EUGENE, Ore. (AP) — Oregon has received formal notice of the NCAA investigation into its program's use of recruiting services.
The NCAA relayed the official Notice of Inquiry in a telephone call to Oregon President Richard Lariviere this week, the Ducks announced a few hours before No. 12 Oregon's game against Missouri State on Saturday.
The inquiry is the result of reports that surfaced earlier this year concerning payments Oregon made to recruiting services, including a $25,000 payment to Willie Lyles and Houston-based Complete Scouting Services.
When Oregon released some of what it said Lyles had provided for the fee, the material was largely outdated. The payment came a month after Oregon landed a highly touted recruit from Texas.
Oregon has already retained independent legal counsel in the matter. The law firm is conducting its own investigation of the matter and the results will be made public," the school said.
"This notice has been anticipated and is simply the next stage of the process," Oregon athletic director Rob Mullens said in a statement. "The University of Oregon football program, from head coach Chip Kelly through the entire organization, has tremendous respect for the NCAA's important role in monitoring collegiate athletics and, to this end, continues to fully cooperate with the NCAA's ongoing examination."
In the statement, Mullens said there would be no further comment on the matter.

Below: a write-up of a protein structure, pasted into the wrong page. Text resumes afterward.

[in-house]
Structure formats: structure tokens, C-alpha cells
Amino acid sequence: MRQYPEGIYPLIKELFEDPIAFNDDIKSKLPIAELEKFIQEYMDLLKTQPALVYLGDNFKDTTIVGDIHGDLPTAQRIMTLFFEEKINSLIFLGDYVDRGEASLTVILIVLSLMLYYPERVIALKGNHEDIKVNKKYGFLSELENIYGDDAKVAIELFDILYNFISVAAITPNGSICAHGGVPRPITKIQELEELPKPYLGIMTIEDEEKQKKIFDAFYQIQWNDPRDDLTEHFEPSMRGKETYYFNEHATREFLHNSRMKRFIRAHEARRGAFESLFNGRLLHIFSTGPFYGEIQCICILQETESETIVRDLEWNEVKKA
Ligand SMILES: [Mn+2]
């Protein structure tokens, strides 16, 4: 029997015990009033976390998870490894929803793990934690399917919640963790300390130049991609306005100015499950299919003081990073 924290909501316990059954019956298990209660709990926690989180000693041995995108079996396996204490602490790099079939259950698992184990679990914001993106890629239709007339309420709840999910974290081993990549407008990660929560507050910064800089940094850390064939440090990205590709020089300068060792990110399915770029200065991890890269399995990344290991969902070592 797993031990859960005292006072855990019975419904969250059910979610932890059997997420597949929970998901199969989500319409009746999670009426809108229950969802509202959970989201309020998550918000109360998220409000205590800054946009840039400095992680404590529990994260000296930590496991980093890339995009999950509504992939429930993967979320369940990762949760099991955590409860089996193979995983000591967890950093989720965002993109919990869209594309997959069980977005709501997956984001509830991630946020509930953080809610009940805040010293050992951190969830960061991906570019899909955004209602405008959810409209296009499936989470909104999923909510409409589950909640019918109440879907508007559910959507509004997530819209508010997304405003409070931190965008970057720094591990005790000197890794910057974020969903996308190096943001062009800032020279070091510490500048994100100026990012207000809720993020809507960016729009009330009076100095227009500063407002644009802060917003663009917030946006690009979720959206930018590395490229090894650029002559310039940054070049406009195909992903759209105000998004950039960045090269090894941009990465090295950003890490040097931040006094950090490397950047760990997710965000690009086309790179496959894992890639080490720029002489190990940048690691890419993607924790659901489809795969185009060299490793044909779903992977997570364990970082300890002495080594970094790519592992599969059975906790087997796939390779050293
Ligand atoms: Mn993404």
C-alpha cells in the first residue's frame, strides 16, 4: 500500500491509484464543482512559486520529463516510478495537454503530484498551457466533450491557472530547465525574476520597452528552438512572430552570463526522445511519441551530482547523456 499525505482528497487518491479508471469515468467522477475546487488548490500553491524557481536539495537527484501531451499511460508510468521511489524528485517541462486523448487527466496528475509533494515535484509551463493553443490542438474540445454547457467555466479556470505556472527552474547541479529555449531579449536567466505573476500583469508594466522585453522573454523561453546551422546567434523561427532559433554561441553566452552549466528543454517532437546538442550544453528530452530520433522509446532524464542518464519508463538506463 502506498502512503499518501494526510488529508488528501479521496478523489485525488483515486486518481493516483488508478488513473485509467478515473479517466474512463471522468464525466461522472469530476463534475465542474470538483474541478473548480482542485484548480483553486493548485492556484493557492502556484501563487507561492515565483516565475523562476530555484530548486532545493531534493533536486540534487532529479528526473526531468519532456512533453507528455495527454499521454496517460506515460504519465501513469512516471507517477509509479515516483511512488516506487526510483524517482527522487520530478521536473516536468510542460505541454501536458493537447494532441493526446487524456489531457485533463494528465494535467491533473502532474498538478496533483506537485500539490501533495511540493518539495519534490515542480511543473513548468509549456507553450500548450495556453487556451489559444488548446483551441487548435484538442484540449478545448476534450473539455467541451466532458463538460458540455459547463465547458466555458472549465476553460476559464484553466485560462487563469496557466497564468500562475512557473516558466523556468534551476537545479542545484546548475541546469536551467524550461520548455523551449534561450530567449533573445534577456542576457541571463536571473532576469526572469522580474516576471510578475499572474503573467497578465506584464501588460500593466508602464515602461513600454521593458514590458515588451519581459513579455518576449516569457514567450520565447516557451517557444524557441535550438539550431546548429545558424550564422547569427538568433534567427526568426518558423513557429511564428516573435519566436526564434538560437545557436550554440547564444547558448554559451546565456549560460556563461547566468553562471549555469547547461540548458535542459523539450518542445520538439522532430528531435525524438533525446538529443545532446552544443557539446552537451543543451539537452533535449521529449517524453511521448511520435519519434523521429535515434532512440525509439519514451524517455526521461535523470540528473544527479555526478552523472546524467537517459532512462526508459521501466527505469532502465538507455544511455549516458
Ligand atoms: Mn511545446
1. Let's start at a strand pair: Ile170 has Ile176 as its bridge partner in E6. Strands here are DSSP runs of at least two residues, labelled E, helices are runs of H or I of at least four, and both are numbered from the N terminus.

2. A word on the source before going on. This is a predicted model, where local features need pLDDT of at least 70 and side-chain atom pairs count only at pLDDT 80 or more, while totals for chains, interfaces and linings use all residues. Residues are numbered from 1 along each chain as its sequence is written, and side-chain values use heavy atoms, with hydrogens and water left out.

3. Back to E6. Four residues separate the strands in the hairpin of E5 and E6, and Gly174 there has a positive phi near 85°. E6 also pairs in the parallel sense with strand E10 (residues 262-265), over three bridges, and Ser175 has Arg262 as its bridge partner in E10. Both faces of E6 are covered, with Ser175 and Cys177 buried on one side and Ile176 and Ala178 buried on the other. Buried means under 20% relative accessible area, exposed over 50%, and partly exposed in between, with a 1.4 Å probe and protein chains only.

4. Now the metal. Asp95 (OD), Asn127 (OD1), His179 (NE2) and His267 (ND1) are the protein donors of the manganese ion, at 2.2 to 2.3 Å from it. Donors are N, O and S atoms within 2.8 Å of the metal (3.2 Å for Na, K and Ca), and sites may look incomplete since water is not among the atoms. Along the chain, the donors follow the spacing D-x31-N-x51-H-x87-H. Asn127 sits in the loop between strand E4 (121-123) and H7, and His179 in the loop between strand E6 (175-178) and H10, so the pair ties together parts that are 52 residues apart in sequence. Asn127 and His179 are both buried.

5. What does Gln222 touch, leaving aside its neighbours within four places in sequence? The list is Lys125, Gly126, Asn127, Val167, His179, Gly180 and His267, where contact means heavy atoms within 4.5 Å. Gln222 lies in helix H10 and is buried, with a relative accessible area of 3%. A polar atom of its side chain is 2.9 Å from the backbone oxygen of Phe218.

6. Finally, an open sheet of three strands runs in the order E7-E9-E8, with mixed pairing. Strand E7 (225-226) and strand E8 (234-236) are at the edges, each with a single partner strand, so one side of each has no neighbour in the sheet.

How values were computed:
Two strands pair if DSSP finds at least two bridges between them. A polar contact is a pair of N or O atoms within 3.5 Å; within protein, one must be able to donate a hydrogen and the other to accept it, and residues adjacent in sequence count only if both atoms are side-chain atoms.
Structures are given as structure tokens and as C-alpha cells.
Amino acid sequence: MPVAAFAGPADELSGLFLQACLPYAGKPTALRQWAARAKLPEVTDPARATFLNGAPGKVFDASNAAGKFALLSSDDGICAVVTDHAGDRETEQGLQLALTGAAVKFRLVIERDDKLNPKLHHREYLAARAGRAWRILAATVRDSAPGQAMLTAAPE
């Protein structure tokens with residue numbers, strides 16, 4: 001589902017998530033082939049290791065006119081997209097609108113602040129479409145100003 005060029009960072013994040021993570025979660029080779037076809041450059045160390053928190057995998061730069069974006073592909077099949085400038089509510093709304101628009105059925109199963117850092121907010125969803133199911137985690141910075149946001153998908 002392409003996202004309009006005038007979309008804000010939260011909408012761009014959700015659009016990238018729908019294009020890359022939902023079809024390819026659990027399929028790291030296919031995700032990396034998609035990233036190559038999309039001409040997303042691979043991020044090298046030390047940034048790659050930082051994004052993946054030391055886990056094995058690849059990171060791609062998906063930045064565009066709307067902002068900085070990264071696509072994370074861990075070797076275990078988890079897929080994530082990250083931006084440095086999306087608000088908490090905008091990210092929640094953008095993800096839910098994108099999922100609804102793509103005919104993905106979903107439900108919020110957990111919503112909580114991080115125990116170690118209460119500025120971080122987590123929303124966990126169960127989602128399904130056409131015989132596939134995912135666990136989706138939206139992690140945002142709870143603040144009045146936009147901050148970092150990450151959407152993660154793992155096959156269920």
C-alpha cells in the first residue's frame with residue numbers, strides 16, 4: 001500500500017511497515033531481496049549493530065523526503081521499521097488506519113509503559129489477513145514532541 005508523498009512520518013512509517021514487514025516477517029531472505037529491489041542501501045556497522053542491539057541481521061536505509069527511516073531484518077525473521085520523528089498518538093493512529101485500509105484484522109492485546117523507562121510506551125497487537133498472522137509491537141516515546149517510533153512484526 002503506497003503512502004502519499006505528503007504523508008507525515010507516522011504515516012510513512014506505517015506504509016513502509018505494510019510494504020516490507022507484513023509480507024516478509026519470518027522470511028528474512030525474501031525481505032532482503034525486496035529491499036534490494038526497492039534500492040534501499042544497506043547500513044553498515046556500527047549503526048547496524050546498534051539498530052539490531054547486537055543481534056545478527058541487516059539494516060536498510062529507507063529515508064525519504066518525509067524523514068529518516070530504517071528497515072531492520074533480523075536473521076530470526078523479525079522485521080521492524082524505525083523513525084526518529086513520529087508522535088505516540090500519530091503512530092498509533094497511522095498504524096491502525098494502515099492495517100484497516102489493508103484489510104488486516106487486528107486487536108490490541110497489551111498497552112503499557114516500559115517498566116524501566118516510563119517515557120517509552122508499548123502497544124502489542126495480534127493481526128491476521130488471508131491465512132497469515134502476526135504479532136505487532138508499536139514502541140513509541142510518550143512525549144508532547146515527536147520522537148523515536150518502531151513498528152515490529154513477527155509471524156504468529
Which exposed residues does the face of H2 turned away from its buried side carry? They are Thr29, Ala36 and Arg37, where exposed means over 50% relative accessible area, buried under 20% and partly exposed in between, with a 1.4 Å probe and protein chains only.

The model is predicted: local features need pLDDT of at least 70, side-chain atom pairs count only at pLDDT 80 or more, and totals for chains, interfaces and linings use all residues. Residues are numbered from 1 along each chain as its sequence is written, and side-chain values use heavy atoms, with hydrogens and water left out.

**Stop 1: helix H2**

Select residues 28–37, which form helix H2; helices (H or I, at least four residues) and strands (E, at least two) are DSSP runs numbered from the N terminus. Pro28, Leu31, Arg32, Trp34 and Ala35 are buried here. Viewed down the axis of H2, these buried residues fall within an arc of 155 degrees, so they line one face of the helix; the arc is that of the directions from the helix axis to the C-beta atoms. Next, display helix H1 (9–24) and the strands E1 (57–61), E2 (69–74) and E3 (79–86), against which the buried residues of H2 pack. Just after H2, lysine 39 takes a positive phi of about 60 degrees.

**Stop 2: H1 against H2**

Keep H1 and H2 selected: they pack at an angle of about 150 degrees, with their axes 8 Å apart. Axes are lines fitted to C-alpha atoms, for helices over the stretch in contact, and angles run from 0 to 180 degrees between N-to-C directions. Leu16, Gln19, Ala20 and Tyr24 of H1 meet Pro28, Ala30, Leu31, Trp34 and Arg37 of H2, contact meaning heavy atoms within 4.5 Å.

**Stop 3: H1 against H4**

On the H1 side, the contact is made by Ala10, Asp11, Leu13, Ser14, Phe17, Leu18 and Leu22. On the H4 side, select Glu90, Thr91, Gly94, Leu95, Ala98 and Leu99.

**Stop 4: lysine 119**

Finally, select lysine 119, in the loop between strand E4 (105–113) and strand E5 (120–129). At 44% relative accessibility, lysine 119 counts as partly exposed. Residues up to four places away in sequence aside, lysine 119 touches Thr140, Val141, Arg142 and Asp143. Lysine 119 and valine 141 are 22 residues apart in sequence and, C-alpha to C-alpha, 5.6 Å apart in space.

After Oregon's 56-7 victory over Missouri State, Ducks coach Chip Kelly was asked whether he anticipates sanctions now that the investigation has been formalized.
"I can't speculate on that to be honest with you. All I know is we fully cooperate with the NCAA and I look forward to their findings," Kelly said.
He did not address the matter with the team before the game, he said.
The NCAA had previously asked the university to provide information regarding its use of recruiting services in a March 4 email that was released in June by the school along with the recruiting package provided by Lyles. Several news organizations had requested the information.
Documents showed Oregon paid Lyles in March 2010, a month after Oregon received a letter of intent from Texas running back Lache Seastrunk. Lyles had a mentoring relationship with Seastrunk, who transferred this fall to Baylor.
Lyles has not responded to several calls and emails from The Associated Press seeking comment. He has said in interviews that he has met with NCAA officials.
Several other schools, including LSU, have acknowledged using Lyles' services.
The NCAA will not comment on ongoing investigations.
Running back LaMichael James, who ran for 204 yards and three touchdowns for the Ducks on Saturday, was asked whether the team was bothered by the allegations concerning the payment. It would be an NCAA violation if Lyles steered a recruit to Oregon.
James responded "100 percent not."
"We have to go out there and get it done every week, no matter what anybody has to say," he said.
(This version CORRECTS Updates with details, quotes. Corrects the spelling of Lache Seastrunk.)